New UK smoking ban faces key vote – how it works and how it will impact you

By Staff 11 Min Read

MPs will be given the first chance today to debate and vote on plans to raise the legal age to buy tobacco up by ‘one year, every year’ to stop youngsters taking up smoking

Rishi Sunak faces a key vote today on his plans to raise the legal age to buy tobacco up by “one year, every year” to stop youngsters taking up smoking.

If it becomes law, the Tobacco and Vapes Bill – which was included in the King’s Speech – will deliver a hammer blow to the tobacco industry. The PM sees the measure as a key part of his long-term legacy as he bids to “stamp out smoking for good”. But the Tory leader faces opposition to the Bill from within his own party. Ex-PM Liz Truss has hit out at the “unconservative” proposals she says were previously binned while she was in No10. Boris Johnson also lashed out at the ban last week as “nuts”.

What is the smoking ban and who will be impacted?

The legislation will make it illegal to sell tobacco products to anyone born after January 1 2009 and was one of three key policies announced by the PM in his speech to the Conservative Party conference last year.

It will effectively mean anyone turning 15 from this year – or younger – would be banned from buying cigs for life if the measure is passed by MPs and peers. New powers are expected to be created in the Tobacco and Vapes Bill to give people on-the-spot fines to people who aren’t old enough.

The Bill will also give the Government new powers to clamp down on young people vaping, which include imposing restrictions on flavours and regulating the way they are packaged and sold to make them less appealing to children.

How does it compare with measures in other countries?

Measures in the Bill would mean some of the toughest anti-smoking measures in the world. New Zealand had previously passed a similar law – in a world’s first – but in February the country’s new coalition government repealed the legislation.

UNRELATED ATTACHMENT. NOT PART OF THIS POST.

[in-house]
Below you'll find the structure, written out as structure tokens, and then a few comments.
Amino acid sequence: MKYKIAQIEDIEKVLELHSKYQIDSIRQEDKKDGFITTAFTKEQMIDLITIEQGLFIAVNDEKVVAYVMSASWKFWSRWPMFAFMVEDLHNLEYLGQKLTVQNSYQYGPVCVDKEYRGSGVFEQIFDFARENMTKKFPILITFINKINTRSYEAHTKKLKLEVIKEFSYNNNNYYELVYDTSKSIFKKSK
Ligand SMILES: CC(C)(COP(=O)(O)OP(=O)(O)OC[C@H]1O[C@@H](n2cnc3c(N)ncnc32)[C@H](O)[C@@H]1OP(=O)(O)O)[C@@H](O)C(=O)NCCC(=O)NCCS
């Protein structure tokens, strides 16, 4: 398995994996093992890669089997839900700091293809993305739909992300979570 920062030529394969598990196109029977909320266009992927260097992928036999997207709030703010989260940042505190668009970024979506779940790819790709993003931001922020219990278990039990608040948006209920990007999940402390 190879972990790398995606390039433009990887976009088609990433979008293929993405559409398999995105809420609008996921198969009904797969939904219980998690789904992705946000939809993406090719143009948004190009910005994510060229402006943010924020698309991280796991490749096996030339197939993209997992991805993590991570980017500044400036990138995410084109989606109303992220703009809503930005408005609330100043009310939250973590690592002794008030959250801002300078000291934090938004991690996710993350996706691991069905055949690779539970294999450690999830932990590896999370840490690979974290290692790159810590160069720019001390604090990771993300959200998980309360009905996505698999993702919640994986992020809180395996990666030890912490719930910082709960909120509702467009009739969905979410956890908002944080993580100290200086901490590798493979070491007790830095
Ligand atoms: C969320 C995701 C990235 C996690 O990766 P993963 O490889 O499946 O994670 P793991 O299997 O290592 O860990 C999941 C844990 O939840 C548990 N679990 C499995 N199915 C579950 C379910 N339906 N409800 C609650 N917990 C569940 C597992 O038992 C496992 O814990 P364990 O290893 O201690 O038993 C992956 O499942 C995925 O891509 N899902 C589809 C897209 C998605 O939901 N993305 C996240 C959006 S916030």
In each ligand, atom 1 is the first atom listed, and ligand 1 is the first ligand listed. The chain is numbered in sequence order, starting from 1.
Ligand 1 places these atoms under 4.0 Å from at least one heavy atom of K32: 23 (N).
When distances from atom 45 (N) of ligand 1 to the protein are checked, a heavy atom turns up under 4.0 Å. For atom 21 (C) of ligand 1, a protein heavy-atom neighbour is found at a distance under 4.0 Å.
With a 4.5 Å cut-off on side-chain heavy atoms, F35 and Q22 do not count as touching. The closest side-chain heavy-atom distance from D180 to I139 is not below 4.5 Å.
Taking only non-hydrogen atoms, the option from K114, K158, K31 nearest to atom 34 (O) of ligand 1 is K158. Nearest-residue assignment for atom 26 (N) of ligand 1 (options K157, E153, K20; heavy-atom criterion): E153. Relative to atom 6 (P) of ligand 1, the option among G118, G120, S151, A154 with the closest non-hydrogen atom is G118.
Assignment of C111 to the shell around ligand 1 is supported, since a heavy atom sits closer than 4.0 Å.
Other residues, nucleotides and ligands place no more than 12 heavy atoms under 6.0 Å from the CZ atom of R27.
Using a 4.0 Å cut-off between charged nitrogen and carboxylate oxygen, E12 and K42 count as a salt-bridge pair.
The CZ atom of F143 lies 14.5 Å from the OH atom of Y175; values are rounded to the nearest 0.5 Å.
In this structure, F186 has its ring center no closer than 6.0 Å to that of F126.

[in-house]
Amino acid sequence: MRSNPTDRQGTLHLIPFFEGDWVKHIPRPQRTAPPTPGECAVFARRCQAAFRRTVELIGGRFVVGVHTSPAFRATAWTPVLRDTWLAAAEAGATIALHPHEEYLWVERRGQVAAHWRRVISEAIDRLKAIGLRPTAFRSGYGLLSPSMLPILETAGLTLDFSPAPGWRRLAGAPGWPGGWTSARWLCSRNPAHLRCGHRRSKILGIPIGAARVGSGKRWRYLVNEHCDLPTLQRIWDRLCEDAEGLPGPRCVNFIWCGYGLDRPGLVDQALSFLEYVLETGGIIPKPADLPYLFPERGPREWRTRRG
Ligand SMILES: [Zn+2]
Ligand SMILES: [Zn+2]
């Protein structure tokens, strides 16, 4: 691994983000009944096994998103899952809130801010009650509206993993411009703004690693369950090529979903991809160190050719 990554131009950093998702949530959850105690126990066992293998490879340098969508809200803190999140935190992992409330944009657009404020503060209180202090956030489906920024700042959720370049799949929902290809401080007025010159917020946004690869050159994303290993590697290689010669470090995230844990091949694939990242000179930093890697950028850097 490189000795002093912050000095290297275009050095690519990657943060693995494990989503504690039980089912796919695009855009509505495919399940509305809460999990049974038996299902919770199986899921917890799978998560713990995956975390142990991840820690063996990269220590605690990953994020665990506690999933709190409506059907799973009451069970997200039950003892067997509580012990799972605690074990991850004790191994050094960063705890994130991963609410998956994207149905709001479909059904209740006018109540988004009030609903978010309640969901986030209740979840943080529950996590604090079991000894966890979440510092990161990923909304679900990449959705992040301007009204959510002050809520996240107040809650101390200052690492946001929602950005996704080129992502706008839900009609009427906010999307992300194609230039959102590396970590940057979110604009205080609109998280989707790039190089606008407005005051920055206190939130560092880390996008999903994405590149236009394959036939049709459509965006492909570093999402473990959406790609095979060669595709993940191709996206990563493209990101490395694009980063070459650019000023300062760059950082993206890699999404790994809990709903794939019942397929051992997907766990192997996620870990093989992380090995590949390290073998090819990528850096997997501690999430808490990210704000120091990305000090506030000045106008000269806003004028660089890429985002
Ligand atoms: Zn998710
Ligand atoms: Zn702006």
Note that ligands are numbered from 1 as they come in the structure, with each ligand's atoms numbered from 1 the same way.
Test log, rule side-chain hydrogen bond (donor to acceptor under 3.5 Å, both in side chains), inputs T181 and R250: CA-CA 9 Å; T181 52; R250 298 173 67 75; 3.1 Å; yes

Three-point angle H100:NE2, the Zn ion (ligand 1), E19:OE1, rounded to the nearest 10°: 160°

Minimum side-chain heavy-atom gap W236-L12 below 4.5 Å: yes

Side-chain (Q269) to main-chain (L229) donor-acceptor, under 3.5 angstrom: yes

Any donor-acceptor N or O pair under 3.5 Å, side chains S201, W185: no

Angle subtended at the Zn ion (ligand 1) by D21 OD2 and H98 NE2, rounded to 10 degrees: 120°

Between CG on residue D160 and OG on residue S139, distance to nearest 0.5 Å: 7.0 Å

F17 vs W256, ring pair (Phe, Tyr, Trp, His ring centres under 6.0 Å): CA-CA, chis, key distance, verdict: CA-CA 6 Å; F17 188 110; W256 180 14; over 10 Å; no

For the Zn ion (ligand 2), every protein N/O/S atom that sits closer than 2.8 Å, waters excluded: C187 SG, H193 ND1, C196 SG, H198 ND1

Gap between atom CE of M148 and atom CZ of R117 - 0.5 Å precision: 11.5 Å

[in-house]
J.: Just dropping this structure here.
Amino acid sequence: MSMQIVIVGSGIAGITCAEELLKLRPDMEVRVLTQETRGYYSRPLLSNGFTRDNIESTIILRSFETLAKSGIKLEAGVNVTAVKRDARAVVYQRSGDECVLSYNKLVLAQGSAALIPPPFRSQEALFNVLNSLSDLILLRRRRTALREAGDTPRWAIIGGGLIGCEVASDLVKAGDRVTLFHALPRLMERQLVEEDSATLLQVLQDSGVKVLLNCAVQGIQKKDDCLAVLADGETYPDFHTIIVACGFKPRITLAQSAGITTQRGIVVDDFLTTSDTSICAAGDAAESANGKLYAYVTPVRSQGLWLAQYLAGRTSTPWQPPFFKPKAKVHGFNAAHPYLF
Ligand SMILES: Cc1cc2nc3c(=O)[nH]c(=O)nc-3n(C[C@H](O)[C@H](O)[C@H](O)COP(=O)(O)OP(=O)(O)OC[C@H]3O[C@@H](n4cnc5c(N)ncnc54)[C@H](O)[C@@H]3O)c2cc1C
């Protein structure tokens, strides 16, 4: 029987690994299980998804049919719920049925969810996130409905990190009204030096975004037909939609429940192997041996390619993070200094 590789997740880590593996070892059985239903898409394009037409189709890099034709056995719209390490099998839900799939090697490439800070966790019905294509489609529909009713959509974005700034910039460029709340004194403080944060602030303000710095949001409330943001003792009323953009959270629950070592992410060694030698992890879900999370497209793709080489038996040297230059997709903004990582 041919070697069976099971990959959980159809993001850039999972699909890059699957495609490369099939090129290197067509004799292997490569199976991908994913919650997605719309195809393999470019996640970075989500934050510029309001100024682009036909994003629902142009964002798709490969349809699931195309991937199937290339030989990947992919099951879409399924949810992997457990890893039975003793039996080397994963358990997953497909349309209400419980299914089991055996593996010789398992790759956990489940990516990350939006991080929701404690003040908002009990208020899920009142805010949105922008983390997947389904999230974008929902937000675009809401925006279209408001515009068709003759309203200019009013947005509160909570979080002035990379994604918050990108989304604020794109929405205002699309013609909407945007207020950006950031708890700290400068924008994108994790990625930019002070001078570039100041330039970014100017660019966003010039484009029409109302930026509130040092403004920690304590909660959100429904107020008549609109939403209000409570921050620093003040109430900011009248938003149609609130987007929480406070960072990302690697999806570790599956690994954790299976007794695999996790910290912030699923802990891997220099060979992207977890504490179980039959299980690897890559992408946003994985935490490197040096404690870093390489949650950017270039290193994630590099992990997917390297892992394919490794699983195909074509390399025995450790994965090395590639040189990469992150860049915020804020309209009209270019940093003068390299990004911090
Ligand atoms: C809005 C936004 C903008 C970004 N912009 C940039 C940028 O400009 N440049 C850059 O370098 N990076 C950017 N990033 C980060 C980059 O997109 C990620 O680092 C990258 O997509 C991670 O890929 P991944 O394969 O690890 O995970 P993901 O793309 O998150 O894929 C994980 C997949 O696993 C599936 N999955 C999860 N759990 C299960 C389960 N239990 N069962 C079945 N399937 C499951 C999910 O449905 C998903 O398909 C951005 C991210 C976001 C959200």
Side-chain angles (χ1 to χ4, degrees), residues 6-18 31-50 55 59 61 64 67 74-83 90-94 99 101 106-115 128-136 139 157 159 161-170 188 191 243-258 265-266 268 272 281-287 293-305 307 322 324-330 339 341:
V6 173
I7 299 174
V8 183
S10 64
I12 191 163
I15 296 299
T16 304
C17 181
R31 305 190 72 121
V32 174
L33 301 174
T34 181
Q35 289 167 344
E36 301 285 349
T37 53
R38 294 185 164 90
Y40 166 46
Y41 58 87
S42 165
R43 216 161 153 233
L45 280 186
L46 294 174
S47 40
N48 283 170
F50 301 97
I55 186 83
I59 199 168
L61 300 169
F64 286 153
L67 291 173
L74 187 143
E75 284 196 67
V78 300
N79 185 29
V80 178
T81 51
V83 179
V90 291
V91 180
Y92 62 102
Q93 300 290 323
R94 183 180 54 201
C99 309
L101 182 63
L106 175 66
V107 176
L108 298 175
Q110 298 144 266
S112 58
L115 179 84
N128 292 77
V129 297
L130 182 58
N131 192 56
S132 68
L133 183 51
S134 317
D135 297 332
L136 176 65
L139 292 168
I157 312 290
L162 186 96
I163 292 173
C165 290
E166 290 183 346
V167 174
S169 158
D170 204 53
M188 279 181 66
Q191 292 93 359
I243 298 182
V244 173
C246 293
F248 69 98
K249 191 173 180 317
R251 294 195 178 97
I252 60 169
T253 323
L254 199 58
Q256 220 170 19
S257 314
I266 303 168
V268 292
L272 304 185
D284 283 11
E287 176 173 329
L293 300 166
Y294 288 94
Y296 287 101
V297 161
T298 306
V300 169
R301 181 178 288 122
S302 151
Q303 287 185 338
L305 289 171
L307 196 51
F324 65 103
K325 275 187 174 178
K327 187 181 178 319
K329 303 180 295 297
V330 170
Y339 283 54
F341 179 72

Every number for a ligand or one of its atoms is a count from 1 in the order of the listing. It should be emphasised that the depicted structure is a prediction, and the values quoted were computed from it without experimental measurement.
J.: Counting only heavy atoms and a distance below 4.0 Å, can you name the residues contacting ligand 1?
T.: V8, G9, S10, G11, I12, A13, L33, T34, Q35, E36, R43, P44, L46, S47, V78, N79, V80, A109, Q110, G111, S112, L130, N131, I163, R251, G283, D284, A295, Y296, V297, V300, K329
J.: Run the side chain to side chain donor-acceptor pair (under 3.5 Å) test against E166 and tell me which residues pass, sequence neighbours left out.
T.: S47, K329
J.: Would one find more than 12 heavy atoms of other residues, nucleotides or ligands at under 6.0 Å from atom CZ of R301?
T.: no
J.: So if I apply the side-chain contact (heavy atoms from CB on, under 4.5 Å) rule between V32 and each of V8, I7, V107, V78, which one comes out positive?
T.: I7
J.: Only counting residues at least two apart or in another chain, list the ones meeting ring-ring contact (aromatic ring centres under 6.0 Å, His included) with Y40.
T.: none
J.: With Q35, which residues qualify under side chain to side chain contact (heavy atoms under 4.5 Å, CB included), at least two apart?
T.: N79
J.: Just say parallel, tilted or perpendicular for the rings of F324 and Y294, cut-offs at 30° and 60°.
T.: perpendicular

Countries with notable restrictions on smoking include Mexico, which has smoking bans at beaches, parks and some homes. Portugal is aiming to become smoke-free by 2040, with plans to ban the sale of tobacco products in bars and cafes.

Canada also became the first country to require health warnings to be printed on individual cigarettes. More than one quarter of the world’s population are covered by smoking bans in public spaces, according to the World Health Organisation. Of the 74 countries with smoke-free policies, Ireland was the first to ban smoking in all indoor workplaces in 2004.

What is Rishi Sunak introducing a ban?

The PM has said the move will protect future generations and prevent youngsters from taking up smoking in the first place. By 2040, the Government says, smoking rates among 14 to 30 year olds will be zero as a result. As well as raising the smoking age every year, the UK legislation includes provisions that will regulate the display, contents, flavours and packaging of vapes and nicotine products.

According to Government documents, smoking costs the UK around £17billion a year, including £10billion every year through lost productivity. This dwarfs the £10billion raised through taxes on tobacco products, its figures show.